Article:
Bradshaw goes into great detail about the fountains in the grounds, noting that “the whole park and garden resonant with the tumultuous murmurings of water a volume of water estimated to be only one-six less that discharged by the might cataracts of Niagara. The extent of the ground in which these fountains are displayed is ingeniously made to appear greater than it really is, by the skilful mode in which it has been treated.” One of Paxton’s great series of fountains survives near the Crystal Palace Park Farm, buried in dense undergrowth and it is hoped it will one day be restored to working condition.
There are a number of lakes which were recorded by Bradshaw that are still being used today. One, popular with fishermen, originally supported Paxton’s fountain system and featured an engine house with steam boilers and pumps. On the other side of the park is the bigger boating lake (in Bradshaw’s day it was known as the tidal lake because 11,788 individual jets of water helped push the water level up by nearly five feet). Popular in the summer months with people hiring pedalos, it is surrounded by a model collection of prehistoric creatures – popular with visitors in both Victorian times and now.
Children visiting the park today have lots of activities to keep them amused. As well as modern play equipment, the small farm and plenty of space to kick around a football there’s a maze originally constructed in 1879 to get lost in – the largest in London (and one of the biggest in the country).
While there are plenty of positive things to say about the park, if Bradshaw’s authors visited today they would be disappointed by the catering on offer. Visitors have to make do with a distinctly average café serving burgers and bad coffees in polystyrene packaging, while Victorians enjoyed much finer fare. Inside the Palace, the Saloon for example was said to be “richly carpeted and decorated, and fitted with every elegant convenience” and served a wide range of hot dinners including soups fish and entrées. It was one of many places on the site where guests could be wined and dined, another, The Coffee Room, could host banquets for 500 guests.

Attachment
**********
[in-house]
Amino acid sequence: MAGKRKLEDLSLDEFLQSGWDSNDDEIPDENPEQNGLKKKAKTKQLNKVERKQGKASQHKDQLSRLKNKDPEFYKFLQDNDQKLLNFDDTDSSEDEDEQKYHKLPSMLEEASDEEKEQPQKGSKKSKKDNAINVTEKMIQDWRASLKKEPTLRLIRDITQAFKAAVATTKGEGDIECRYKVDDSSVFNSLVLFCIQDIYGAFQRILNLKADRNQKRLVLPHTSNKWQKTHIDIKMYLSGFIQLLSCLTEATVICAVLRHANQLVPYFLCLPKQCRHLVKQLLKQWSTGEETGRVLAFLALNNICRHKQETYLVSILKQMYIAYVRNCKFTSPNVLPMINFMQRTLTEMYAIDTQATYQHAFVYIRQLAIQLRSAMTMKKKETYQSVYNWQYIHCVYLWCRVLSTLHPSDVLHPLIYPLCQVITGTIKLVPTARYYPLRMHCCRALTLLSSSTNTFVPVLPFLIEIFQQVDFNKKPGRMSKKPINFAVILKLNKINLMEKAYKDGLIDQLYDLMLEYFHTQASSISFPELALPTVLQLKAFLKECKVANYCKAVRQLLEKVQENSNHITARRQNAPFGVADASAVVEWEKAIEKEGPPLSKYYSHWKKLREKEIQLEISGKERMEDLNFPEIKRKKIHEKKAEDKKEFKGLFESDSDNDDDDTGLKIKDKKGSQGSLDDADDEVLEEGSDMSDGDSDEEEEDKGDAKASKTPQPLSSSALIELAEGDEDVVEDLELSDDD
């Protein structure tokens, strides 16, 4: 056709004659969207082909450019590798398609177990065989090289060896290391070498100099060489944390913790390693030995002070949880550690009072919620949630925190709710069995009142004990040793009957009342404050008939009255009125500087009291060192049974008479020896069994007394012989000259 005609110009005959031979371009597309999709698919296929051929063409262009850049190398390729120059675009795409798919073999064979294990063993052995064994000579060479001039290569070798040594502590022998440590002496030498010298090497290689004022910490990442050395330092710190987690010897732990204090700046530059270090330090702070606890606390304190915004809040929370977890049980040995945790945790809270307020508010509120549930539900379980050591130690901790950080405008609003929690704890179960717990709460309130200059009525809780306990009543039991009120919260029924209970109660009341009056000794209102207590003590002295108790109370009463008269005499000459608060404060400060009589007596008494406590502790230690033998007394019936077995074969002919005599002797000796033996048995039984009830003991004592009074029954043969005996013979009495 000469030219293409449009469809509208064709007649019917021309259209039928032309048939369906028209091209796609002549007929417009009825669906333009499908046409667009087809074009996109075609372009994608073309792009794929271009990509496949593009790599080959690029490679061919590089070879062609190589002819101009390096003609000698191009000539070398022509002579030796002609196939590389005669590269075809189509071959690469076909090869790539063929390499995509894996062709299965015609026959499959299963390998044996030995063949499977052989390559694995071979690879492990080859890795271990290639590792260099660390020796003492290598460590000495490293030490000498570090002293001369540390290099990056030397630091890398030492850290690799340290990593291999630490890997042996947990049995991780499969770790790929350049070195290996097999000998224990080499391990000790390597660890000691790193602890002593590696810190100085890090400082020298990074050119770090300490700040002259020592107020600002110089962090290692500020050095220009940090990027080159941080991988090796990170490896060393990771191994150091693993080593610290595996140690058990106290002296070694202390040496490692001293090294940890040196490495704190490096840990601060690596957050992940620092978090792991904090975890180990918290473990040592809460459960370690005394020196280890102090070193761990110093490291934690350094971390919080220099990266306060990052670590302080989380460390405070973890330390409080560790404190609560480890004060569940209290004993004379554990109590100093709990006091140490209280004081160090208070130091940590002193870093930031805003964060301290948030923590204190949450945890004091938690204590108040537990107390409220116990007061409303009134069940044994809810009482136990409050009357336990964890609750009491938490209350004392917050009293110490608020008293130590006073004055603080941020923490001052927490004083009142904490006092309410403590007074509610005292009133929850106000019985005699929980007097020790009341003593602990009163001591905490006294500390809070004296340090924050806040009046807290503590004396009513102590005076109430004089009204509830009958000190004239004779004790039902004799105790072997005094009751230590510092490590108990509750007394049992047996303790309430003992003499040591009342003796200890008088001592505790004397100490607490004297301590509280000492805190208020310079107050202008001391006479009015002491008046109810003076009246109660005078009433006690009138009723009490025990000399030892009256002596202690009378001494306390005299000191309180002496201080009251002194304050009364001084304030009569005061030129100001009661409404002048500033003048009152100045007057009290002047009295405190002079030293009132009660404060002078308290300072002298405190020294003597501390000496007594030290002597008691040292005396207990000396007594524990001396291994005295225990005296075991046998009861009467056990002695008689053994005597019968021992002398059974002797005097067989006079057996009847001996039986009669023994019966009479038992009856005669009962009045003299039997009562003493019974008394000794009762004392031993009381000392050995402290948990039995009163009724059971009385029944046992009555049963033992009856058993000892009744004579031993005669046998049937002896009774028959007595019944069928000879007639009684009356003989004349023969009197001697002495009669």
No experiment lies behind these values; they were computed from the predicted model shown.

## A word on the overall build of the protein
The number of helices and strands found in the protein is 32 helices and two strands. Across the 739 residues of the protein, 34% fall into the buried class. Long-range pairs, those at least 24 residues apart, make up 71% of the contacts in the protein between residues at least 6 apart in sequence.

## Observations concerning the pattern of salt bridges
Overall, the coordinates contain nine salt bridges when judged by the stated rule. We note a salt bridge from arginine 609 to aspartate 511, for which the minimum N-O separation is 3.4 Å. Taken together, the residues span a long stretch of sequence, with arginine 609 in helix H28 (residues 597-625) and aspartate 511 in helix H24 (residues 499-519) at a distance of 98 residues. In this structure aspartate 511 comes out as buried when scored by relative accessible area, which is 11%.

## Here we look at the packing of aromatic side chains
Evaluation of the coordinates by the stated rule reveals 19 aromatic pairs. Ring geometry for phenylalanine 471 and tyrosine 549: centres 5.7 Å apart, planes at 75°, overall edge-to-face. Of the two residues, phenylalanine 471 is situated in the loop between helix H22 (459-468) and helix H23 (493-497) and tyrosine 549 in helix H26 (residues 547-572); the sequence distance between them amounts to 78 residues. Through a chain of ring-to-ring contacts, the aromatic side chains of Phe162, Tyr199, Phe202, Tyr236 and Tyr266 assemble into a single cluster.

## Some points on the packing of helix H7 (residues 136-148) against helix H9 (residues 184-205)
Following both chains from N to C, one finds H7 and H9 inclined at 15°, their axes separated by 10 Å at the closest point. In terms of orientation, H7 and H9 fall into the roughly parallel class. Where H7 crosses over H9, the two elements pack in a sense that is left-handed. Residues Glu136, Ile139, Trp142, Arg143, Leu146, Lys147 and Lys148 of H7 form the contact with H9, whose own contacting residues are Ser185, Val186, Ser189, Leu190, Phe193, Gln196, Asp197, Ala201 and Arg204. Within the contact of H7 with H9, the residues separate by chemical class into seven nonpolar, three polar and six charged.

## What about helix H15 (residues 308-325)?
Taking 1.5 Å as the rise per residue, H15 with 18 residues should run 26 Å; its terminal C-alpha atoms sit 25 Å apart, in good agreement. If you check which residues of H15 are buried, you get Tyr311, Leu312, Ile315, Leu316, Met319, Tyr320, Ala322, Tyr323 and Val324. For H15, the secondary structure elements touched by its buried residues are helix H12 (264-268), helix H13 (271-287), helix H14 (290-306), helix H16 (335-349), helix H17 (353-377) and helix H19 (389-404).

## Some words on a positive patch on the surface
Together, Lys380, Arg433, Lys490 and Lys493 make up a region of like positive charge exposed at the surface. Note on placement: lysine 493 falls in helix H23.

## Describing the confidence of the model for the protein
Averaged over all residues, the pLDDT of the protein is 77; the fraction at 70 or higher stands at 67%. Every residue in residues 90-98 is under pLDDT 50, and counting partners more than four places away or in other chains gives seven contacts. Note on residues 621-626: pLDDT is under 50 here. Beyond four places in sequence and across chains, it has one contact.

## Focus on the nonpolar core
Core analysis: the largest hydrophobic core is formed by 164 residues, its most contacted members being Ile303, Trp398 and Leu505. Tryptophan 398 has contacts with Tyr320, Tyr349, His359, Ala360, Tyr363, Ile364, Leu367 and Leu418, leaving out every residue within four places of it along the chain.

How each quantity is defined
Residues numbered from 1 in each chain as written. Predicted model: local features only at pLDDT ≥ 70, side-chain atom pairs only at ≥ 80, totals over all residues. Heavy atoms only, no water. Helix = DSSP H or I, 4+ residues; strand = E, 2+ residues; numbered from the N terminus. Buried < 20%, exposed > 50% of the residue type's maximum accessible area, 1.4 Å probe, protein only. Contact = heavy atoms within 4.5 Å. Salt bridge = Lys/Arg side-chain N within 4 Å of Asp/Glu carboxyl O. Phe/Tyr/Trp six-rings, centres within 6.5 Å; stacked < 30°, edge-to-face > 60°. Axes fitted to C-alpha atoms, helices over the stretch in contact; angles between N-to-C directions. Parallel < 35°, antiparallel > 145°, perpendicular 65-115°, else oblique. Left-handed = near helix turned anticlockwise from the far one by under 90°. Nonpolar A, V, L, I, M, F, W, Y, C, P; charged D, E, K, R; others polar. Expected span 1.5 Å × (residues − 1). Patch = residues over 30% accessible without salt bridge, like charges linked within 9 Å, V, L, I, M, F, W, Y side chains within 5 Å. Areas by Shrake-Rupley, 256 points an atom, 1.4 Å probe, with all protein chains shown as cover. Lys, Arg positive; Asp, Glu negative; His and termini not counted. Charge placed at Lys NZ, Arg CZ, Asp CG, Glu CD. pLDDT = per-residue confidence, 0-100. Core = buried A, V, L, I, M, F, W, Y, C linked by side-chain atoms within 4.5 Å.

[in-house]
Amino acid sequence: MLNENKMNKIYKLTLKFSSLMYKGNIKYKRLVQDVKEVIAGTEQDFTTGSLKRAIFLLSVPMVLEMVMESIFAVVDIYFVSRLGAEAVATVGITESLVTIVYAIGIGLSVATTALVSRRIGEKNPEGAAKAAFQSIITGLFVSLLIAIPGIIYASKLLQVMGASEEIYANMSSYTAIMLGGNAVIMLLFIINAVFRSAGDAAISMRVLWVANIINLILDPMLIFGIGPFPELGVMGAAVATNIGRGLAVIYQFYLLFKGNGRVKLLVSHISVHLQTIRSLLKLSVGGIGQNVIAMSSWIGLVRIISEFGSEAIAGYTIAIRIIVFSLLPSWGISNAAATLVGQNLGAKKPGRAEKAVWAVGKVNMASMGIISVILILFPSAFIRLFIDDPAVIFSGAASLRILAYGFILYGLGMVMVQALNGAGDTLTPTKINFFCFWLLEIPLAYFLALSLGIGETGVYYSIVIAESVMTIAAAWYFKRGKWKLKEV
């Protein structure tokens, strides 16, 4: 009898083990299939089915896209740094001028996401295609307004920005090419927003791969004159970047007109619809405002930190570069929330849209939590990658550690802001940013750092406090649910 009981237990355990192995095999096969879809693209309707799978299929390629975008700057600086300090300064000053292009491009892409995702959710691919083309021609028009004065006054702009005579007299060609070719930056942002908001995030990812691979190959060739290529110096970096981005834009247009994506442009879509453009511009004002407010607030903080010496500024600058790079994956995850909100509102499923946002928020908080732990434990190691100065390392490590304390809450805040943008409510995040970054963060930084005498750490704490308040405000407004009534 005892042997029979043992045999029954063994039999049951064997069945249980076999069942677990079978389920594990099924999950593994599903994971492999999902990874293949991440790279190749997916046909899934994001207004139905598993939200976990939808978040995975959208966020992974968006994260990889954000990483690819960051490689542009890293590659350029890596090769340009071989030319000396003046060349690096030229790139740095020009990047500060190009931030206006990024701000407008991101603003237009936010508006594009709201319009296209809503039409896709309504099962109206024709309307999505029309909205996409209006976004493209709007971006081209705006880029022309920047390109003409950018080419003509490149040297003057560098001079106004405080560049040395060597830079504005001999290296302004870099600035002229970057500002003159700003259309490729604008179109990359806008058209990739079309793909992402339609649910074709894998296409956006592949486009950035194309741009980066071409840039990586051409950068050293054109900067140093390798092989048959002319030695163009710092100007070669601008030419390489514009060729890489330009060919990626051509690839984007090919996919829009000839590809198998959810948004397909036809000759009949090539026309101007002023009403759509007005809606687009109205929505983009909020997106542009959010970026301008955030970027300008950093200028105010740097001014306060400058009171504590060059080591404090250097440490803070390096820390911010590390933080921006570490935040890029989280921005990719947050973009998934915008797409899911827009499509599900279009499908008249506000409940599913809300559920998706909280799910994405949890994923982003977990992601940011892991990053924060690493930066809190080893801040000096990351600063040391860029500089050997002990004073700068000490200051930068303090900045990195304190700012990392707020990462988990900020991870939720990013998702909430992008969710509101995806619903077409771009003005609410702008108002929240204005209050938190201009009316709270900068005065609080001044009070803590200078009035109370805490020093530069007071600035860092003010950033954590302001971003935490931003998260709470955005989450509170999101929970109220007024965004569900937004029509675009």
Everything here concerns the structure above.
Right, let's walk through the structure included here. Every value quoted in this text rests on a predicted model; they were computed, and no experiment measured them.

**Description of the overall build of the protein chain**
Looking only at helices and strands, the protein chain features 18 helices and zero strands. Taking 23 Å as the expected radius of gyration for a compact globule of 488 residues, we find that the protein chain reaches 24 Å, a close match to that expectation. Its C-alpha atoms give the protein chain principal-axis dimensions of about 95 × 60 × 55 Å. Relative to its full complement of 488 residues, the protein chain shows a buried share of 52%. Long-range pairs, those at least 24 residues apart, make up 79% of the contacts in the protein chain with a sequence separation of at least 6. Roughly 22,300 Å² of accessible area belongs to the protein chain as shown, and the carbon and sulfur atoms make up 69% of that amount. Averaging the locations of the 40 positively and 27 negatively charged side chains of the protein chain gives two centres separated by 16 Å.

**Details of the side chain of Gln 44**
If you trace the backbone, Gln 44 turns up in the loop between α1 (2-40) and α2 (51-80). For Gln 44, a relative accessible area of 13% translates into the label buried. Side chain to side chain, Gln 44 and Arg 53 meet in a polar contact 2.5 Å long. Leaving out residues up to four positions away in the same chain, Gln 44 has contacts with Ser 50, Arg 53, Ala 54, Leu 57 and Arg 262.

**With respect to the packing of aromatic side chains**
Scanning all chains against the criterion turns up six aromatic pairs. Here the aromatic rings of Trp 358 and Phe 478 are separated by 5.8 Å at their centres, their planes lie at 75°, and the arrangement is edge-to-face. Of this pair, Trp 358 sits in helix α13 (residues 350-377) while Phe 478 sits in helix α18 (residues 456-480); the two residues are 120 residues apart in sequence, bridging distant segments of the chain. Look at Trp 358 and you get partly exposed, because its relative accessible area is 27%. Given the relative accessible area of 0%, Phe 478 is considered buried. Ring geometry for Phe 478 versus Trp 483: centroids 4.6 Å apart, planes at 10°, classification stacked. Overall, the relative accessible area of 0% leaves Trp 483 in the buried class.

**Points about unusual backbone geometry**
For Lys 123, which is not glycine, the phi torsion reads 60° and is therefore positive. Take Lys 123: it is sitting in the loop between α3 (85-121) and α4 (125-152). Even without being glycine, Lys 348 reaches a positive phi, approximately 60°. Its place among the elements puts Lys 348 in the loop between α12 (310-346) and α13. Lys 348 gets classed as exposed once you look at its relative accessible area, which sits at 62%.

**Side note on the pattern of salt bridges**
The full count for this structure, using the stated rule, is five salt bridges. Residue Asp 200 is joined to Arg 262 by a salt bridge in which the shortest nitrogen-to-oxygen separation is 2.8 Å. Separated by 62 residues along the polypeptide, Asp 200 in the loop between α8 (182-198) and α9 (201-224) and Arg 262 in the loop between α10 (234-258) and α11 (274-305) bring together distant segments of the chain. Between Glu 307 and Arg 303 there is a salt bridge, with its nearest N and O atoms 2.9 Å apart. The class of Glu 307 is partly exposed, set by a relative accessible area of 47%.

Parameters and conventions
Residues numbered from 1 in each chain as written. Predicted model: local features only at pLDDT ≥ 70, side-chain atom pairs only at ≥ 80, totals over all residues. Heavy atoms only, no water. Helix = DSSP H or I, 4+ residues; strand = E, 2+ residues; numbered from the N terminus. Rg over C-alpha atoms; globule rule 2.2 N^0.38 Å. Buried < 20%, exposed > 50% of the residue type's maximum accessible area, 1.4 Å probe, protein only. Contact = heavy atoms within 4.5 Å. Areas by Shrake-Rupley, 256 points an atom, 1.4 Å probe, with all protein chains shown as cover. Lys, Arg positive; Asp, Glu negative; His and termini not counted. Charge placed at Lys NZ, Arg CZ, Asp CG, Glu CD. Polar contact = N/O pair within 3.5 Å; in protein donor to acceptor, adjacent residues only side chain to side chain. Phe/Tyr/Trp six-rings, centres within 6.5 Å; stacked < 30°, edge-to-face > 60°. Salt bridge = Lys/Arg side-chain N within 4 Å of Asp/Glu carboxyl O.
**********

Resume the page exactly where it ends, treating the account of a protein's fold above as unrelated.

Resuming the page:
Before heading back to the station, I pop into the Crystal Palace museum, housed in a building originally used by the Crystal Palace Company’s School of Practical Engineering. The displays describe the original site in Hyde Park, the building’s relocation to South East London, the heyday at the complex and the devastating fire. If ZhongRong’s plans are approved, it could one day also be telling the story of how a replica Crystal Palace and the restoration of original Victorian features in the gardens transformed the site.